Seen from a mass and energy conservation angle, the first few mm or cm within and above the ground of a planet, almost unaffected by atmospheric mixing, see the most extreme gradients in temperature and composition. These gradients and the related exchange of mass and energy is of great importance for the ingestion of soil components, be they solids or volatiles, into a planet’s wider meteorological system. At PSSRI, the exchange of heat and volatiles between planetary surfaces and their environments is investigated.
This field is of interest for various reasons. The existence of past and present volatile reservoirs is amongst the prime goals for understanding the potential for life on Mars. A good understanding of the near-surface heat and volatile exchange processes is absolutely essential for estimating the depth to any current liquid water deposits and for understanding the history of liquid water on Mars. Water is not only a prerequisite for life and acts as a solvent for many chemicals needed in the biological cycle, its change of phase is also an important energy source. In addition, water is an important greenhouse gas, in fact the most important one on Earth.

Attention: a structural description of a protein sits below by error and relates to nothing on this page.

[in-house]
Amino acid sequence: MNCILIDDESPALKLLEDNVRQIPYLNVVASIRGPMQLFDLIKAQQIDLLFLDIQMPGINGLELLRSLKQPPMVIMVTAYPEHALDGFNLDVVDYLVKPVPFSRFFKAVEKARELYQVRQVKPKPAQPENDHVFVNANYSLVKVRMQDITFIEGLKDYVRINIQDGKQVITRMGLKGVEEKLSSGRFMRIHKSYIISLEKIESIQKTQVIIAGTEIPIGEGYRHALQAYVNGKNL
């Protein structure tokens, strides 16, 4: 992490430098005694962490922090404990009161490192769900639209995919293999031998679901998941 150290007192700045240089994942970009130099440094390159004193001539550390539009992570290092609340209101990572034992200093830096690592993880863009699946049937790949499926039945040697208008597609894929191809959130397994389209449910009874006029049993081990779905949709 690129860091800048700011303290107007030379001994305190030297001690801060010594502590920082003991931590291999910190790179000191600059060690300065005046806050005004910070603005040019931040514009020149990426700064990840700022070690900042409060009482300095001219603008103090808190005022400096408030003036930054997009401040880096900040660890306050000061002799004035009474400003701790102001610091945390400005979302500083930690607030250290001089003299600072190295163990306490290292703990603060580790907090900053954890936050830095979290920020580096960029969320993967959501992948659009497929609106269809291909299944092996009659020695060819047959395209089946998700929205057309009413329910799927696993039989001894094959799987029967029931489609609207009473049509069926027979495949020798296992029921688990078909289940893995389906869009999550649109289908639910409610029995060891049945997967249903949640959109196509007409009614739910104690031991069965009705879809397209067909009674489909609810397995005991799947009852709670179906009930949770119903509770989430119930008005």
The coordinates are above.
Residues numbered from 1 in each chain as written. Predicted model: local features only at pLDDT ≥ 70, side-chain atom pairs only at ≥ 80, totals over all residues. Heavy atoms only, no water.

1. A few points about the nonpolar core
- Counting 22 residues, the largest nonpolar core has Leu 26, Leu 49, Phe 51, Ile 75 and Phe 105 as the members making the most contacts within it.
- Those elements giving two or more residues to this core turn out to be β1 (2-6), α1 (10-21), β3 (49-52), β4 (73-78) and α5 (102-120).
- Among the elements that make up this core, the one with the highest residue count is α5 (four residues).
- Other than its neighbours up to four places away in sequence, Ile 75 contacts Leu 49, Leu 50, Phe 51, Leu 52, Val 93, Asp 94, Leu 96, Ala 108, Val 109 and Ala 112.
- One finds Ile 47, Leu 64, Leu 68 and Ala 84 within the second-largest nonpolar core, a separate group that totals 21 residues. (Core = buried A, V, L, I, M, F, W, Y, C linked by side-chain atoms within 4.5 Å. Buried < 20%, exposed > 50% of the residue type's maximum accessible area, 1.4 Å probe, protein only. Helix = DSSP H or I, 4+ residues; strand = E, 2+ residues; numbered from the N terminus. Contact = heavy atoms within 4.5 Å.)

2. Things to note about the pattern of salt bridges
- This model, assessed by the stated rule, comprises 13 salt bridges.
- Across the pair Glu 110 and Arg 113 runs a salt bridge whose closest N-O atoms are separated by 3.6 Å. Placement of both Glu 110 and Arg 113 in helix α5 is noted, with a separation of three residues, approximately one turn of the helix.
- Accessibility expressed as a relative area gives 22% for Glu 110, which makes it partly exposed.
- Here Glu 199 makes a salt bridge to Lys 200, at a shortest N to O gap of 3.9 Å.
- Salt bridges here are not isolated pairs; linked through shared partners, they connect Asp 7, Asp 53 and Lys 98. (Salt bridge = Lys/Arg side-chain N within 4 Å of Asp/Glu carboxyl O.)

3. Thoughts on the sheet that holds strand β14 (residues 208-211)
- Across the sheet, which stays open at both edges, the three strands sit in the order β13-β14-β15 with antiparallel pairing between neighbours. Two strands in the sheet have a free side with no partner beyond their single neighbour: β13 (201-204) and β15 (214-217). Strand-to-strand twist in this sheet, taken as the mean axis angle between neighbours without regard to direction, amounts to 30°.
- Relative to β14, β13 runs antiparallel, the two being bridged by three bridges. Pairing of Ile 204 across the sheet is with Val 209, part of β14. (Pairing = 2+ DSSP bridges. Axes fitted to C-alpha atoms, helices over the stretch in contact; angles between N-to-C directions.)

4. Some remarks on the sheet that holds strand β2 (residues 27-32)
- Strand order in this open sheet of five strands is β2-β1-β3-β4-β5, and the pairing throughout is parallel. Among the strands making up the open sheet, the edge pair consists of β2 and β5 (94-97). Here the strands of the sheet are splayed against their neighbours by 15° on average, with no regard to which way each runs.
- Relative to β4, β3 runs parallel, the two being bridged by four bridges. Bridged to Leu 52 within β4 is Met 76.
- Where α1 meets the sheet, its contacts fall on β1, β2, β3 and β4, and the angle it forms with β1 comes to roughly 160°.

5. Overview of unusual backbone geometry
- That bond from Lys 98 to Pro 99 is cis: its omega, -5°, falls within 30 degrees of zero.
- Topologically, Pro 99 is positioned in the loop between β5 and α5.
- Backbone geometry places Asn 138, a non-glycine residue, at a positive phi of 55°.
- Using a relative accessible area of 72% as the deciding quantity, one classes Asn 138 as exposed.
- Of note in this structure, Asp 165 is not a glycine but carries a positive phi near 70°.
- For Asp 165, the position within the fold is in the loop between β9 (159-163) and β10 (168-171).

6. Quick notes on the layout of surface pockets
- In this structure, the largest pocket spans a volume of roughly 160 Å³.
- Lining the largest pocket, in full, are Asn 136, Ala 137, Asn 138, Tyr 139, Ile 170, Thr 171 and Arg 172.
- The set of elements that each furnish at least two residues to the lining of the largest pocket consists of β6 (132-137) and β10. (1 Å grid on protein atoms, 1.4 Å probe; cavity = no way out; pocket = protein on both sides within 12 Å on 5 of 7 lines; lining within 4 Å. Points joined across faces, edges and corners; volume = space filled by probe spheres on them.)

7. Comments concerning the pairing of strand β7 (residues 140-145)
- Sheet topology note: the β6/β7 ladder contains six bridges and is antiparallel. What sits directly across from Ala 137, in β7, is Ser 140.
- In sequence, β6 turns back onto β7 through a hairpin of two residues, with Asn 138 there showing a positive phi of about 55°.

In addition to water on Mars, the sublimation cycle of CO2 greatly influences the thermal environment within the soil; within the diurnal and annual cycle, CO2 ice can bind the grains in Mars’ soil together through sintering, which increases thermal conductivity of the soil whilst, on the other hand, making it less permeable for volatiles. This process could help to sustain subsurface volatile deposits (not only on Mars but also on the Moon. The surface-to air transfer of the greenhouse gases water, CO2 and methane in Earth’s, Mars’ (and also Titan’s) systems is an important factor in the understanding of climate change, and climate changes have also been suggested as a possible explanation for the cooling of the surface of Mars.
Planetary surfaces as the interfaces between solid bodies and their atmospheres (or exospheres) are usually approximated on large scales. There is a persistent exchange of mass and energy between the porous, granular ground and the atmosphere or exosphere – the interface is fuzzy rather than discrete and changes over time and it is the small-scale interactions at this fuzzy interface we are interested in.
This research is an integral part of the broader investigation of the Planetary Surfaces Group - a new interdisciplinary grouping within CEPSAR between members of PSSRI and Earth Sciences. The activities of revolve around studies of planetary surfaces and the processes that shape them, through the use of in-situ and remote sensing data, analogue field and laboratory studies, and mathematical models. Research interests within the group include:
• Formation and evolution of planetary surfaces
• Planetary surface heat flow
• Planetary surface/atmosphere interactions
• Geomorphological expressions of recent climate change on Mars
• Water and ice in the martian regolith
Surface of Titan - image courtesy of ESA/NASA, Univ. of Arizona